Horse Racing

Preakness 2019: Pimlico grandstand plumbing begins failing hours into race day

The need for repairs at Pimlico Race Course became obvious less than five hours after gates opened Saturday welcoming Preakness Stakes attendees. Nearly all the women’s restrooms were closed for water issues, custodians told those in line.

Marty Arnold, dismayed by the closed women’s restrooms in Pimlico’s grandstand, said the problems were just as bad during Black-Eyed Susan Day.


“It was a disaster,” she said.

Podcast: Should the Preakness stay in Baltimore?

Arnold and her friends said Pimlico workers said they were having plumbing and water woes. They said one bathroom remained open and workers encouraged them to use the men’s room.


“But even then, the men were coming out and telling us not to go in there, it was that bad,” Arnold said.

In responding to the complaints, representatives of track ownership repeatedly referred to the age of the 149-year-old Pimlico course. City officials who are seeking to keep the Preakness at Pimlico previously have pointed to a lack of maintenance, not the track’s age, as the culprit in its disrepair.

Tim Ritvo, chief operating officer of The Stronach Group that owns Pimlico, addressed the future of the track even as his staff worked to fix the plumbing problems plaguing the facility on Maryland’s most important racing day.

“It gets tougher every year to give the experience that the customer deserves for an event like this,” he said, explaining that a pipe broke outside the track several days ago, creating lingering problems with water pressure. “It’s just old infrastructure, and we do everything we can to keep it up to the level we can.”

In a statement regarding the bathrooms, the Maryland Jockey Club said the water pressure was fixed around 5:30 p.m.

“The plumbing issues are related to the high volume of usage, but water has been restored. We apologize for the inconvenience to our guests. These types of incidents are unfortunate when dealing with the aging infrastructure of a 100+ [years old] facility.”

Bathroom closings have been an issue at Preakness in past years. Because of outdated electrical, plumbing, and other infrastructure, more substantial renovations at Pimlico could not be undertaken without triggering the need to bring the entire building up to city codes. Even minor changes to the building could result in tens of millions of dollars of added costs, company officials said in February.

Dawn Siecker has been coming to Preakness for the past 10 years and said Saturday’s issues were the worst she has ever seen.


“It makes me upset,” she said. “It’s just sad when this is the state of the racetrack.”

Siecker, who also attended Black-Eyed Susan Day, said the water completely broke on the first level Friday and the toilets overflowed, spewing water everywhere, all at the same time.

Siecker said she wished more money had been put into the track to try and fix the issues.

“This stuff didn’t happen overnight,” she said. “The grandstands, the toilets — they didn’t just randomly start crumbling and breaking.”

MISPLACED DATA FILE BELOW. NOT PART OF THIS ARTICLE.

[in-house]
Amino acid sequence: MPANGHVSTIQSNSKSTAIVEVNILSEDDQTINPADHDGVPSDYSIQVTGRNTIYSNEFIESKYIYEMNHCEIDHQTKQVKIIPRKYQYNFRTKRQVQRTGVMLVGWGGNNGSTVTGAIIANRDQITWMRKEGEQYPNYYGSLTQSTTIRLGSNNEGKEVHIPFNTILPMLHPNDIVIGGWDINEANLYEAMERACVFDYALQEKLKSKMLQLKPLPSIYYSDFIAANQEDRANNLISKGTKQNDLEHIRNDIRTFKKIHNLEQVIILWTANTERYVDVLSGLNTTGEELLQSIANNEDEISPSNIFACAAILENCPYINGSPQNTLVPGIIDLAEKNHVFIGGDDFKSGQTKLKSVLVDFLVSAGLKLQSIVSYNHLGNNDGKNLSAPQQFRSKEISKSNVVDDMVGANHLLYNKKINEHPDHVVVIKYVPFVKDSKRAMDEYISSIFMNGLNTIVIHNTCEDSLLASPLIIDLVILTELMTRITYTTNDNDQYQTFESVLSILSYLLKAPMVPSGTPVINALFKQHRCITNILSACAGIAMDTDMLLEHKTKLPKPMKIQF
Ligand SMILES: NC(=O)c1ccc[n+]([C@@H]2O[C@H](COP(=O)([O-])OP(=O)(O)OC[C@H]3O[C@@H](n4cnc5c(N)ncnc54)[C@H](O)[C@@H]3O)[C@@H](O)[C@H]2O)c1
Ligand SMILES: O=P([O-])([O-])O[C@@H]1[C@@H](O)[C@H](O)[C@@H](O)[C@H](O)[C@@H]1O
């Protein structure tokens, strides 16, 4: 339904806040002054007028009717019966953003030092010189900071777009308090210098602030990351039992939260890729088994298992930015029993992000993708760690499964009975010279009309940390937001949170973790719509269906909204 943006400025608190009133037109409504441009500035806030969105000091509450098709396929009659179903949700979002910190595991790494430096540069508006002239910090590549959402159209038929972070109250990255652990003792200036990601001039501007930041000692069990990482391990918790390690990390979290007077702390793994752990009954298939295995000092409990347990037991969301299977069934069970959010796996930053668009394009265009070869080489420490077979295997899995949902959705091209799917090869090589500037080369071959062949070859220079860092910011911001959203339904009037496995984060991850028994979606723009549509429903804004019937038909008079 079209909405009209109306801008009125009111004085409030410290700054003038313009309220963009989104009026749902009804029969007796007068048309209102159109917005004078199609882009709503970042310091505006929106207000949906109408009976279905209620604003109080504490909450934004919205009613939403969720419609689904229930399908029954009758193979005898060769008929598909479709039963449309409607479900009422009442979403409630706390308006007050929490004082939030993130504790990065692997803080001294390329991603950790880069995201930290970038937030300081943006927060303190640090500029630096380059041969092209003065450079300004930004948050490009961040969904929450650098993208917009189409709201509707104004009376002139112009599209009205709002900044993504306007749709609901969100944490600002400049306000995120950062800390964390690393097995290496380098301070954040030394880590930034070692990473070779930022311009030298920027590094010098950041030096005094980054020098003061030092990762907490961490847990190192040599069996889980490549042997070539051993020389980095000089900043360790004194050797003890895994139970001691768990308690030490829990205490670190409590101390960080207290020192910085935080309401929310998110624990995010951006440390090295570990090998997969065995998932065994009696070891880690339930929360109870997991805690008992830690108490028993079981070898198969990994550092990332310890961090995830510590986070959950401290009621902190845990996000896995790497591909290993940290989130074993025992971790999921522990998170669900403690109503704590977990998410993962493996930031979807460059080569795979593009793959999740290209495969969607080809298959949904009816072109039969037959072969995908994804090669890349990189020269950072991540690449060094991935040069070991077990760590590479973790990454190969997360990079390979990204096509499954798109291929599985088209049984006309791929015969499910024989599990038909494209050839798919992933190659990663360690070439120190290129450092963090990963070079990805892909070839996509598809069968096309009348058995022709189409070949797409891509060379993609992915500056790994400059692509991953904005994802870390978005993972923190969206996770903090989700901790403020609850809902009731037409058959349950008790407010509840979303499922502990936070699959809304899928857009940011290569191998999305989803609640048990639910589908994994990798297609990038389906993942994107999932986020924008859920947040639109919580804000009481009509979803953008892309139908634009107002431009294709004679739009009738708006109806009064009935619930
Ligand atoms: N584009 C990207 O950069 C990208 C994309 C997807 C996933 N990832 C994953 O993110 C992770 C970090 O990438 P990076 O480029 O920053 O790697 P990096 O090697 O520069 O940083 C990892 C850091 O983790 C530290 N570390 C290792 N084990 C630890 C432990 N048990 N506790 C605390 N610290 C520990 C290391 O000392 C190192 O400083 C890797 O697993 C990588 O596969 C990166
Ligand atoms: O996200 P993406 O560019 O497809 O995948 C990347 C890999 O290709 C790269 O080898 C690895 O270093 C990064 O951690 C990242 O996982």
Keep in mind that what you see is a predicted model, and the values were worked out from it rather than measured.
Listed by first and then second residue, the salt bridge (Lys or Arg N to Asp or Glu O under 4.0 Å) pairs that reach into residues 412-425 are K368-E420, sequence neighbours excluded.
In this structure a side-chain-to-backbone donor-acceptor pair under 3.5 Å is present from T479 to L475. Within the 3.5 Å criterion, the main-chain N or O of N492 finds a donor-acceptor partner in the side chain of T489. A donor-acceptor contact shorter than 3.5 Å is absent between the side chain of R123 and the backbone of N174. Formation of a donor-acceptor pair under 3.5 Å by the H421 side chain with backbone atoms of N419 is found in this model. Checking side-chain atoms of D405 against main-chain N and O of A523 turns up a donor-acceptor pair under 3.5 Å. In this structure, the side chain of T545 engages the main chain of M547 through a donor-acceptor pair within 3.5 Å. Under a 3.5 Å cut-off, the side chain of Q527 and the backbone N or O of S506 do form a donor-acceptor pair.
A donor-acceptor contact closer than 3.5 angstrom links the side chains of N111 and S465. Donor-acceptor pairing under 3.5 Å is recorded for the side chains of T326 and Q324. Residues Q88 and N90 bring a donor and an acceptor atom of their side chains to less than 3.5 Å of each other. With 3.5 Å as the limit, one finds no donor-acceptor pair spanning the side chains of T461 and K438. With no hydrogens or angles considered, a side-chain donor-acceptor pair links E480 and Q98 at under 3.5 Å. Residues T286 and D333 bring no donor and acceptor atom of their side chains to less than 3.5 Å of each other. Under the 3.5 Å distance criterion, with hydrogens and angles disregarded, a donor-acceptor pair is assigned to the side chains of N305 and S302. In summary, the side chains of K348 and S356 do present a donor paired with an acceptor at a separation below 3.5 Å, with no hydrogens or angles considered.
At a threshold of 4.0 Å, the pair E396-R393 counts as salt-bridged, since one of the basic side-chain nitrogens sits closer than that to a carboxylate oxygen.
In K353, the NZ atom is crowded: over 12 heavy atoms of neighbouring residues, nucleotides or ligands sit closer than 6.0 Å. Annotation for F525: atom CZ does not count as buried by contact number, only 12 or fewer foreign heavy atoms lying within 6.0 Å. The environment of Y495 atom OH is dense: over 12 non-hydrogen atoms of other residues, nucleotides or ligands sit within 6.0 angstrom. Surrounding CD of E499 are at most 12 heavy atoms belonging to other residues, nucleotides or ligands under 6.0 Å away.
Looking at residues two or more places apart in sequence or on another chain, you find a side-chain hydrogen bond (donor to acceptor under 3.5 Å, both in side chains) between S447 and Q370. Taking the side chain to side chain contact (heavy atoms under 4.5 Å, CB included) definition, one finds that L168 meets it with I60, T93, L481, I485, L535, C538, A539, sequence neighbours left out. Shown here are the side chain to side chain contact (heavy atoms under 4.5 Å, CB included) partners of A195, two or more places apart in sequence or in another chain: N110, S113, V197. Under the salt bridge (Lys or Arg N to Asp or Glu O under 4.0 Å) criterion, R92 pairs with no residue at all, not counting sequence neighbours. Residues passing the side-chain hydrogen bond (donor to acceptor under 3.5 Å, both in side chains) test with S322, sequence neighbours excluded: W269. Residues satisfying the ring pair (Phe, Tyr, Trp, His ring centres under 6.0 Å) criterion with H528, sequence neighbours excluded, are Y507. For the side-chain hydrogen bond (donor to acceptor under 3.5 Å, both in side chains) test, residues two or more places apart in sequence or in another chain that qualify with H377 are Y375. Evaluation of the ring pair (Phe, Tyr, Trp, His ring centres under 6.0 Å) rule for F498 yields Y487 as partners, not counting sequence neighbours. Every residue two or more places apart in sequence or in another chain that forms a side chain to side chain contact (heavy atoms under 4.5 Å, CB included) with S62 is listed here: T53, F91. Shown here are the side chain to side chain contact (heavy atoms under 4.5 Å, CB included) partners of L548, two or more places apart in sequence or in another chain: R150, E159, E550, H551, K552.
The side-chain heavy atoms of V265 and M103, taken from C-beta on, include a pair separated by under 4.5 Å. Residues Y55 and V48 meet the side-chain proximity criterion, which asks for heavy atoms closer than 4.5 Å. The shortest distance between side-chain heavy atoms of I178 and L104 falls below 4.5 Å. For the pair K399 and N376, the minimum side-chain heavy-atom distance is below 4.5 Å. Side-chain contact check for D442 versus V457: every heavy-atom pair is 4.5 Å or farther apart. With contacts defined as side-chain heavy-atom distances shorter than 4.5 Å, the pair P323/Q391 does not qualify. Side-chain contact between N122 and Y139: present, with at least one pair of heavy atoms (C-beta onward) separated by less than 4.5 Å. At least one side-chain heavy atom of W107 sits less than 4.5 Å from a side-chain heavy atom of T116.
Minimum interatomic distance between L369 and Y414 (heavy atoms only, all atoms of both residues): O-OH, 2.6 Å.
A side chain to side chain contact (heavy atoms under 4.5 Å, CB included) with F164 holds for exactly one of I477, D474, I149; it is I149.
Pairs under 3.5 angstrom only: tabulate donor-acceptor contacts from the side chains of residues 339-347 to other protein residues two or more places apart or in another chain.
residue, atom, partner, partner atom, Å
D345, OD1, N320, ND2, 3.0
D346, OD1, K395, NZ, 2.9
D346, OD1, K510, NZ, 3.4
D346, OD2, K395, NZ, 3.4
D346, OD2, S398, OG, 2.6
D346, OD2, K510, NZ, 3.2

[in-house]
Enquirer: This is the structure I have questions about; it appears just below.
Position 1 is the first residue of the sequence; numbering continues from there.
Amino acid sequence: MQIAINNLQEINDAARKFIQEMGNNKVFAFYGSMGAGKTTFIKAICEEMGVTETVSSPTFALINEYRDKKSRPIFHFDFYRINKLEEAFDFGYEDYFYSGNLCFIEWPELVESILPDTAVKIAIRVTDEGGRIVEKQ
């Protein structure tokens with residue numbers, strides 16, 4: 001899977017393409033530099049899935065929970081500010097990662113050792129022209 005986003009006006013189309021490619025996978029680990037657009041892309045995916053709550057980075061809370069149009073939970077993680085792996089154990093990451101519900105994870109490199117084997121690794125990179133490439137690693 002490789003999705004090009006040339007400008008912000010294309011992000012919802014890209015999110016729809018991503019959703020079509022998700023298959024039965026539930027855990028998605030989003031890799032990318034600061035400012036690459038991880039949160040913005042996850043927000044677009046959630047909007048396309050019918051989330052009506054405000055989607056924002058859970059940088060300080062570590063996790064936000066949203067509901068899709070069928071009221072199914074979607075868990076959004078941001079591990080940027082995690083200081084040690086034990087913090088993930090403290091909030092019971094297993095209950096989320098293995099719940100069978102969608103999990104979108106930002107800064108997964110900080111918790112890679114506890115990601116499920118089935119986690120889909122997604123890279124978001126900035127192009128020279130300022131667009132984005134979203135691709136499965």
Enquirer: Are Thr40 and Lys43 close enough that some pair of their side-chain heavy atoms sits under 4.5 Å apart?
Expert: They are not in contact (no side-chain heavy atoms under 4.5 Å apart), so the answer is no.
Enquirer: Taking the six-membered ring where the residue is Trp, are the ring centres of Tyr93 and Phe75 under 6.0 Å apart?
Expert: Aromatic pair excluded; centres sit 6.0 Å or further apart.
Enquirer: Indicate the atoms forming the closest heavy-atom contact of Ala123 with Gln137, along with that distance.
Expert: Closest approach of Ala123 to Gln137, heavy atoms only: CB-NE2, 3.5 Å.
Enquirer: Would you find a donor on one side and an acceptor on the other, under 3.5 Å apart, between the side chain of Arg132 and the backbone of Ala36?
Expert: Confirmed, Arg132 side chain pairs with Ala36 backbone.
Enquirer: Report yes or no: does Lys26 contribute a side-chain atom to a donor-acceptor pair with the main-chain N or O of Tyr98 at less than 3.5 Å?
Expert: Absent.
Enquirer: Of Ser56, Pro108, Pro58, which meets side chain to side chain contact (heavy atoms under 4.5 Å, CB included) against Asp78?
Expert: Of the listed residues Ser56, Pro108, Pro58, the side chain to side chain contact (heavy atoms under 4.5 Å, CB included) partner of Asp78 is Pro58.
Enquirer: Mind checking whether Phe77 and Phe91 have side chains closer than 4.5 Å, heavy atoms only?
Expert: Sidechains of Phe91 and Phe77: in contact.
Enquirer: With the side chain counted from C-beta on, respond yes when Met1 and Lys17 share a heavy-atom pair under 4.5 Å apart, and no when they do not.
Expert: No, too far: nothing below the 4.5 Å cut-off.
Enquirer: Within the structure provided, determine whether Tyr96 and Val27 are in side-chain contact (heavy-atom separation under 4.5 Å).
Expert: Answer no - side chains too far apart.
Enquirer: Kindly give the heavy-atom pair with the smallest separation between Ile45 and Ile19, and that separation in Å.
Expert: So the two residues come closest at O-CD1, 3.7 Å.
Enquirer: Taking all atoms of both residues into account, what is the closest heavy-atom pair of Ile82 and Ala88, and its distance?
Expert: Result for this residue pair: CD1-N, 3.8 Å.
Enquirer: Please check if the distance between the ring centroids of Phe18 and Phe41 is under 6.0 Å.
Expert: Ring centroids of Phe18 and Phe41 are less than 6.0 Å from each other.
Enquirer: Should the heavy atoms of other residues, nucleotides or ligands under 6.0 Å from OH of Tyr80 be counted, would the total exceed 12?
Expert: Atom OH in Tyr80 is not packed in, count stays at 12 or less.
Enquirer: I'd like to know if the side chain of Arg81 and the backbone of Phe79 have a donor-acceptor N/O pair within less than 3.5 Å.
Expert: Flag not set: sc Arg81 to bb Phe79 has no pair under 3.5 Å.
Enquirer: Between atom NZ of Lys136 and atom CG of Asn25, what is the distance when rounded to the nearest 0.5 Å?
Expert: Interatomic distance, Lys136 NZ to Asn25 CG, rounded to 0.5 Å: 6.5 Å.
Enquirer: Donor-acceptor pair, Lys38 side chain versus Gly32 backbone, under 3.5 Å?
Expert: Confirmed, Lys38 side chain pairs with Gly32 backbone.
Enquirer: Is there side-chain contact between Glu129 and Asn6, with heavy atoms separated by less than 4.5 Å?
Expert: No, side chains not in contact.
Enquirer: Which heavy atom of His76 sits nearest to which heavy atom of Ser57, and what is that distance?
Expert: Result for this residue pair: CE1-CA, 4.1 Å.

She hoped money will be put back into the Baltimore track because moving it to Laurel — or somewhere else — wouldn’t be the same.

“It’s not Baltimore, and it’s not tradition.”


The Canadian-based Stronach Group has expressed interest in moving the Preakness Stakes to its Laurel Park facility, some 30 miles away. Baltimore Sun reporting revealed in February that Stronach has spent the majority of the state aid it receives for track improvements on Laurel Park since 2013.

At the same time, the Pimlico facilities have been showing signs of serious disrepair. An engineering firm determined in April that 6,670 seats in the Old Grandstand’s open-air section — the last remaining historic section of Pimlico — were “no longer suitable to sustain that level of load bearing weight.”

On Saturday, Nancy Baumgartner fumed as she waited in line.

“We’re really ticked,” she said. “I had to come from the third floor cause the second floor is closed.”

“It’s a disgrace,” said Maureen Code, of New Jersey, as she emerged from a third floor men’s room that a few women patrons had begun using. “I just drove 360 miles to come to this race. ... This is a real health hazard.”

And then the toilets in that bathroom stopped flushing too.


Gwendolyn Austin, 53, of Frederick, ventured inside the main building to look for a restroom but once she finally found one, the line was incredibly long.

“There’s too many people for them to not be able to provide toilets,” she said.

Upset she couldn’t use the bathroom, she said this is the exact reason Preakness is being moved to Laurel.

“I would rather they move it to Laurel. However I feel like Baltimore people need something like this in their community,” she said. “They should do whatever they can to keep it here. But when you pay $270, you should be able to use the bathrooms, eat good food and enjoy the races. Now I’m gonna have to hold it.”

This was Austin’s third time attending Preakness. At the end of the day she said she shouldn’t complain because she had already won about $500.

Baltimore Sun reporters McKenna Oxenden, Lillian Reed, Christina Tkacik, Thalia Juarez and Doug Donovan contributed to this article.